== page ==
I recently watched a documentary on Netflix called Chasing Ice. It was a documentary from 2012 about a group of researchers, particularly James Balog, who traveled to countries/continents with glaciers and large ice fields. He measured and recorded how quickly and to what extent the ice was melting. He captured glaciers and other ice landscapes that have been disappearing at alarming rates, some ice which might be lost forever now. In the end, their research proved that within the 21st century (around 12 years), the ice has melted at a greater rate than in all of the the 20th century. It wasn’t increasing, it was vanishing, and those large landscapes would never been seen again for many generations due to anthropogenic climate change. It’s a great documentary because of its breathtaking otherworldly imagery of ice worlds and its educational message about our critical Earth.
My major in university is Geography and Environmental Management, with a minor in Biology. Environmental concerns are among one my top priorities. I feel as if the vast majority of the population doesn’t understand the severity of the problems and issues that arise due to melting ice caps. The ice caps are melting due to increasing greenhouse gases in the atmosphere, like carbon dioxide and methane. The greenhouse gases trap the incoming heat from the Sun, causing a warmer climate. This has been common knowledge for a while. Furthermore, ice is reflective because of its white colour; it has a high albedo. However, as the ice melts due to the warmer climate, dark ocean water replaces the white ice, which has a low albedo, absorbing the heat instead of reflecting the sun’s energy. As a result, it causes a feedback loop. A major area of substantial warming and melt is Greenland. Sea levels will rise, the chemistry of the ocean will change, species will die out. This will have a devastating impact to billions of species on Earth.
The numerous issues with glaciers melting are problematic to everyone’s livelihood on our planet. The ones who are at the most immediate risk are island nations. As the glaciers and ice caps melt, the liquid water has to go somewhere: the ocean. The sea levels rise and then coastal cities and countries at low elevations can flood. High tide might have only reached up to a certain point in the history of the island, but within the span of a human lifetime, the tide is now much higher and intruding on residential areas or areas where food is grown. The worst part about these unfortunate nations and cities is that the problem wasn’t self-inflicted, but due to a cumulative effort of almost everyone on Earth. Mainly countries that emit a lot of carbon due to industrialization and burning coal, such as the United States of America. Imagine having your ancestral home lost due to the actions of others around the world. It’s incredibly tragic. Examples of places at risk of inundation include the Netherlands (which is a country below sea level), Bangladesh (which already suffers from yearly flooding), coastal areas in China and Vietnam, and New York and New Orleans in the States. Island nations at risk include Maldives, Seychelles, Kiribati, and Torres Strait Islands. These island nations already have environmental refugees, and in the coming years, there are only expected to be more.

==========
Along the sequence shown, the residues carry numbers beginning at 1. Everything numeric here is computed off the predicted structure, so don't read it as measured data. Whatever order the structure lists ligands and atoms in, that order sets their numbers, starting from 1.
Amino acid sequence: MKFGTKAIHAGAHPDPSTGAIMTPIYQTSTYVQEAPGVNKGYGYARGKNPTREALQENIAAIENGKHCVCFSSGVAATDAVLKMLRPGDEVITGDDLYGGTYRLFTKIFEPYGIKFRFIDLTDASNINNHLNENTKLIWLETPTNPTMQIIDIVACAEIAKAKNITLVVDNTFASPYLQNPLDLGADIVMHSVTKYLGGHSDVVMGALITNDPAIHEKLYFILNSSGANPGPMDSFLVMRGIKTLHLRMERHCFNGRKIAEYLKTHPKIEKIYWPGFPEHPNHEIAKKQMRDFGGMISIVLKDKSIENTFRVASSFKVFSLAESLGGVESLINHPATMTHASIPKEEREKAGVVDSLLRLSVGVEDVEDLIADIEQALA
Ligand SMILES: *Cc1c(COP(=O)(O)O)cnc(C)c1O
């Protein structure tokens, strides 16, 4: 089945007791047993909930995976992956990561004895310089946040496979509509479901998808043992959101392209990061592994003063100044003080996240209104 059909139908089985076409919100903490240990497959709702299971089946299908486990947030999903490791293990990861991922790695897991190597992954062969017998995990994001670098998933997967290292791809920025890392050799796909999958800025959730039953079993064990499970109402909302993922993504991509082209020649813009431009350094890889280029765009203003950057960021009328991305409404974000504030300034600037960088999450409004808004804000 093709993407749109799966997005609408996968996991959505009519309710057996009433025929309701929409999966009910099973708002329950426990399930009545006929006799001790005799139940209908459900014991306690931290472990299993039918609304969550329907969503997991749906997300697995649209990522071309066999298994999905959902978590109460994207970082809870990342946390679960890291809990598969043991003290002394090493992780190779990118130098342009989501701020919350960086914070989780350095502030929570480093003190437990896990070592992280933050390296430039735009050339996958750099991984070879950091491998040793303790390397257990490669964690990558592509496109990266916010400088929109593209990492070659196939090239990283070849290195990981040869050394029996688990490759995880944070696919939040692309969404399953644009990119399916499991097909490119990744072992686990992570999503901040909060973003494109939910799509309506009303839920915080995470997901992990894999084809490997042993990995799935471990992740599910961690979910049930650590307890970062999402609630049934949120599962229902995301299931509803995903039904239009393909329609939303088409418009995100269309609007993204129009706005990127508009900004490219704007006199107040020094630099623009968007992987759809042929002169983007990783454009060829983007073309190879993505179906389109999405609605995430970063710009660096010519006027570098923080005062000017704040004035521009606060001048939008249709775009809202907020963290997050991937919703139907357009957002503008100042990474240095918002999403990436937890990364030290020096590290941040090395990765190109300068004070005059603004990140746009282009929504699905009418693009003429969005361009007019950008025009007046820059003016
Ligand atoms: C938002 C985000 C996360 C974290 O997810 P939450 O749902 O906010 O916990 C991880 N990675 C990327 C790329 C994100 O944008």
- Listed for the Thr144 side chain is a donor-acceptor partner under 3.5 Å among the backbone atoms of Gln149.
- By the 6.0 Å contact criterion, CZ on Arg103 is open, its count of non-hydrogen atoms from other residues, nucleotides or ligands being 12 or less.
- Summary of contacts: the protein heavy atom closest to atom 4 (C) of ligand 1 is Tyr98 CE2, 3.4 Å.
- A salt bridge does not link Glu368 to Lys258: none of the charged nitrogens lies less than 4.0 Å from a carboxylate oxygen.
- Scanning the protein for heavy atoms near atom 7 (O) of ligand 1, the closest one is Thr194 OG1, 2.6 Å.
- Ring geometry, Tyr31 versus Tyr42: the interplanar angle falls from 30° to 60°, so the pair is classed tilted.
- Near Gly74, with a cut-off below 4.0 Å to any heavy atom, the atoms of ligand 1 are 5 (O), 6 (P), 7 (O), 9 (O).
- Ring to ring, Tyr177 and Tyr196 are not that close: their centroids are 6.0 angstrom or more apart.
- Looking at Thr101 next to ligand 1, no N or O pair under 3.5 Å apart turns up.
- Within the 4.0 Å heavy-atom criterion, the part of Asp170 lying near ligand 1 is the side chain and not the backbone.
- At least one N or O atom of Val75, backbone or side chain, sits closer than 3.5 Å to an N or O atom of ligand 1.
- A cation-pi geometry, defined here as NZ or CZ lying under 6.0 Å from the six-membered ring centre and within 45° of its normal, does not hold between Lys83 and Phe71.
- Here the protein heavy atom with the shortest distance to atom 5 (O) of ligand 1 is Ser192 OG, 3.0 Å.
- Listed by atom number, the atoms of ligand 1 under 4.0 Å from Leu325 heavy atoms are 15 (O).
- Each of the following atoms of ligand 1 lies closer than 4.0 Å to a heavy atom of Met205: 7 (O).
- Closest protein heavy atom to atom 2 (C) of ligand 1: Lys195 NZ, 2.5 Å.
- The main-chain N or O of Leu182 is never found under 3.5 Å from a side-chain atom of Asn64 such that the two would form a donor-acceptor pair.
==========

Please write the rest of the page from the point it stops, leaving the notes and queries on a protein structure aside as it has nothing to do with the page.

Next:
Another issue when mountainous glaciers melt is the loss of an essential part of life: drinking water. In Peru, the Quelccaya ice cap is the source of drinking water in the tropics of South America. However, each year its area decreases due to warmer winters, so ice does not accumulate. The glacier is the source of a fresh water river that flows through many populous areas. Once it completely melts, the river will cease to exist in its current form. Many people will not have a source of drinking water to no fault of their own. It’s not just this one case either: retreating glaciers are now common worldwide. The Himalayan glaciers feed rivers that flow throughout China, India, Nepal, Tibet, and other Asian countries. The waters irrigate crops, generate electricity through its current, and of course, provide drinking water. This source of life is necessary and has existed for thousands of years, but in a few decades will no longer be there. As a result, famine and wars could break out. Droughts will be even more common. This instability will result in mass migration, death, and environmental refugees entering other countries or areas in order to find water and to rightfully live their lives.